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    The complete guide to emptying a composting toilet

    One of the questions we get asked all the time when talking to customers about composting toilets is “so, how do you actually empty one of these things?”

    And like many of our answers in the articles on this blog, this answer is going to be ‘it depends’.

    How you empty a composting toilet will depend on the model you have

    If you’ve taken the time to browse through our website, you will see there are many different makes and models of composting toilets available and the way you empty your composting toilet will ultimately depend on the model you choose. As a general rule there are guidelines you should follow when emptying any type of composting toilet, so before we get into the specifics of emptying a composting toilet, let’s go over the general guidelines you should follow.

    General guidelines to emptying a composting toilet

    • Always wear a dust mask (P2) when dealing with composting toilet compost
    • Always wear latex, rubber or protective gloves when dealing with composting toilet compost
    • Make sure to wash hands and clothes thoroughly after emptying
    • Compost can be heavy so use a trolley or get assistance if needed
    • If burying compost, make sure it’s at least buried 10cm deep
    • Don’t use compost from composting toilets on food plants or vegetables (fruit and nut trees are acceptable)

    Now that we’ve got the general safety guidelines out of the way, let’s look at how to empty a composting toilet.

    How to empty a self-contained composting toilet

    Tiny home, caravan and mobile home models

    If you have a model designed for a smaller home, motorhome, boat or caravan usually these types of models will have what’s called a compostable bag. This is a small bag inside the composting toilet that can be disposed of into a dedicated onsite garden composting bin but if you don’t have a garden composting bin available either at the general waste facility or general waste bins as it is legal. Please take care to wrap the waste well so the bag doesn’t break. To achieve this, you could double bag the waste.

    Models for homes, holiday homes and sheds

    These types of toilets come in two different types – batch composting and continuous composting. If you are using a batch process composting toilet, emptying it is a simple case of opening the top of the composting toilet, removing the seat panel and taking out the container and replacing it with a new one. Usually, we recommend conditioning the composting (leaving it in the container (chamber) with the lid on out in an open sunny area) for at least 2 weeks before emptying it into a dedicated onsite composting bin for cold composting maturation of about one year after which you can use it in your gardens.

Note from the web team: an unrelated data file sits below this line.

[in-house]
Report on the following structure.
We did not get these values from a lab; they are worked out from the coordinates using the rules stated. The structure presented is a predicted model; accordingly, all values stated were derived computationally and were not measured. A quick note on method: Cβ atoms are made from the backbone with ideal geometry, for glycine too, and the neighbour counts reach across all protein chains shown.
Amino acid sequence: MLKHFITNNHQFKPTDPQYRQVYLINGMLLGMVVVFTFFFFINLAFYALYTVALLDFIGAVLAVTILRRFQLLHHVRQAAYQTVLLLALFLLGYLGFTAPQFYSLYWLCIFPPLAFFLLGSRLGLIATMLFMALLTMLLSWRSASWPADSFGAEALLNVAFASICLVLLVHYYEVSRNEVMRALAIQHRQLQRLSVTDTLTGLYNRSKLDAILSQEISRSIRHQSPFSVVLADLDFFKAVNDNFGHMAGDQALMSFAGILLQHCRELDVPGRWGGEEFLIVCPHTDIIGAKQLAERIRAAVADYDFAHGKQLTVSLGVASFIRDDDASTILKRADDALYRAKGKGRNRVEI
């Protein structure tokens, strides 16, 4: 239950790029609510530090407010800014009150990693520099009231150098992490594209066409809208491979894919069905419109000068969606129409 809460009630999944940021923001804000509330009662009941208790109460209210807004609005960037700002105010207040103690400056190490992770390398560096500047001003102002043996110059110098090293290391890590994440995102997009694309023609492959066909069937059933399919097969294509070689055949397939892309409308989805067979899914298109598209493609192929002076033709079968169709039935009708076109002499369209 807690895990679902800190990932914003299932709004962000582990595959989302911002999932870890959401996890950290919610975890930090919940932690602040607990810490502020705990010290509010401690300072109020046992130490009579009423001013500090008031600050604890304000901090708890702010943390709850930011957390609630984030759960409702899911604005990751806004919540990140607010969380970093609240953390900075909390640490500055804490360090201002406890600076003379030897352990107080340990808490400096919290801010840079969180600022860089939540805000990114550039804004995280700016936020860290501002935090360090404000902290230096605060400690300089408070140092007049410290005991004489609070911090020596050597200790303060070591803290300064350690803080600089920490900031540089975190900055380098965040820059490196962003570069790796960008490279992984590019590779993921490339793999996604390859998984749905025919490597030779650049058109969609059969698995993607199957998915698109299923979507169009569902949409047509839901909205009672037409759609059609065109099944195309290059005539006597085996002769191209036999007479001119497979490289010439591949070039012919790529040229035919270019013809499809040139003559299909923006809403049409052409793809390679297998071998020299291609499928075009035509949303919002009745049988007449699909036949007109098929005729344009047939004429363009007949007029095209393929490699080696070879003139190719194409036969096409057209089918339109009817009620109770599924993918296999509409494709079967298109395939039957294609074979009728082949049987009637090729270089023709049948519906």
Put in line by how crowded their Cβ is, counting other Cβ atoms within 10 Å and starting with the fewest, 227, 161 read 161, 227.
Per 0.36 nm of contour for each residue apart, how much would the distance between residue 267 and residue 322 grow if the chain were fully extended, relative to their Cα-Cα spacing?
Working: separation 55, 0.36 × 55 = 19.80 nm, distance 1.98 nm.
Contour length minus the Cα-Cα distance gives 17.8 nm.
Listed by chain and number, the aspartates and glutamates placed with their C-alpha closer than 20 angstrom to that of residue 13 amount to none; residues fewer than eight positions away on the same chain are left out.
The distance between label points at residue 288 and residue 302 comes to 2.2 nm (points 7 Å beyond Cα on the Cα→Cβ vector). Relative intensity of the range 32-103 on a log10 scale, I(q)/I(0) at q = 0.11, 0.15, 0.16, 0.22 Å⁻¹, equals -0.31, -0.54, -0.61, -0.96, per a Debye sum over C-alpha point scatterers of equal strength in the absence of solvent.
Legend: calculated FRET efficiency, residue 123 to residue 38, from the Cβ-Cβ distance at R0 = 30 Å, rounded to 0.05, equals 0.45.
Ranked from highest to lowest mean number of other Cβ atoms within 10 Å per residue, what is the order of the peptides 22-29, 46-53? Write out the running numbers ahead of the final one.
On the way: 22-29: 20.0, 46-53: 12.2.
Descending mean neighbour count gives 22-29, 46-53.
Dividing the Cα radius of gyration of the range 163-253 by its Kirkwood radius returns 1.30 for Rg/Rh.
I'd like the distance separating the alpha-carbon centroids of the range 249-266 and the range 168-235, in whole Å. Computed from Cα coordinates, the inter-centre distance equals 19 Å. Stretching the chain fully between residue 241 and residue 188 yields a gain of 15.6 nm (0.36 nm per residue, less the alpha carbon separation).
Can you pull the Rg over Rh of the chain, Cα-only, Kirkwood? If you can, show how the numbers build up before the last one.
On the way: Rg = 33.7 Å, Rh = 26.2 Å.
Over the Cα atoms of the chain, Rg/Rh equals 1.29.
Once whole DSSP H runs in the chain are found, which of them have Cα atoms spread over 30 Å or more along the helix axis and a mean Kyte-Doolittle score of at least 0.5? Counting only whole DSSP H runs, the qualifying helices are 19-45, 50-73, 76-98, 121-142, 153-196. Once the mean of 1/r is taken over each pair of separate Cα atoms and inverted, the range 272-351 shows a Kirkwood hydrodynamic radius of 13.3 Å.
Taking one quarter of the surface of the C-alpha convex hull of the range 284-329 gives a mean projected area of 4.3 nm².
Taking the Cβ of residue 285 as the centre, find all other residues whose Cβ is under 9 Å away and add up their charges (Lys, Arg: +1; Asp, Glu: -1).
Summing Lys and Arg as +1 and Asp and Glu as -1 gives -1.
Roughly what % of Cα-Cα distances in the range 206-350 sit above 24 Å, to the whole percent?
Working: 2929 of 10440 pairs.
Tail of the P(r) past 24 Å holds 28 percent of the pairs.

If you have a continuous cycle composting toilet there is typically a tray in the bottom of the composting toilet that you can pull out to empty. Compost made from human waste loses much of its bulk so you will only need to empty the tray every couple of months depending on the usage of the toilet. When you have pulled the tray out of the composting toilet, you will be left with a topsoil equivalent product (humus) and it can be used in your general green waste compost bin, buried (with 10cm of topsoil) either in your gardens or in the ground and as this Humus has had around 2 months of composting it can be used in a worm farm compost bin.
    How to empty a split system composting toilet

    Depending on the style and size of your split system composting toilet there are a few different ways to empty the toilet. For example, it’s easy to empty our Clivus Multrum range. It’s a case of opening up the hatch that leads to the composting chamber and using a shovel and wheelbarrow to get your compost out of the system.

    Take a look at the video below to get a better idea of how they’re emptied.

    With split systems like the Sun-Mar Centrex range, there is a finishing tray at the bottom of the system that holds completed compost that’s separate from the fresh waste in the Bio-drum™. It’s a simple case of emptying the tray into a container or wheelbarrow or taking the tray directly to the area you’re going to be using your compost.

    It’s really very easy to empty a composting toilet

    So as you can probably tell, emptying a composting toilet isn’t that big a deal at all really. It’s quite easy and you’re only having to deal with a compost product that has a texture and makeup very similar to topsoil.
    If you’ve shovelled dirt in your garden, you can empty a composting toilet!

    Article Source: Ecoflo Wastewater Management

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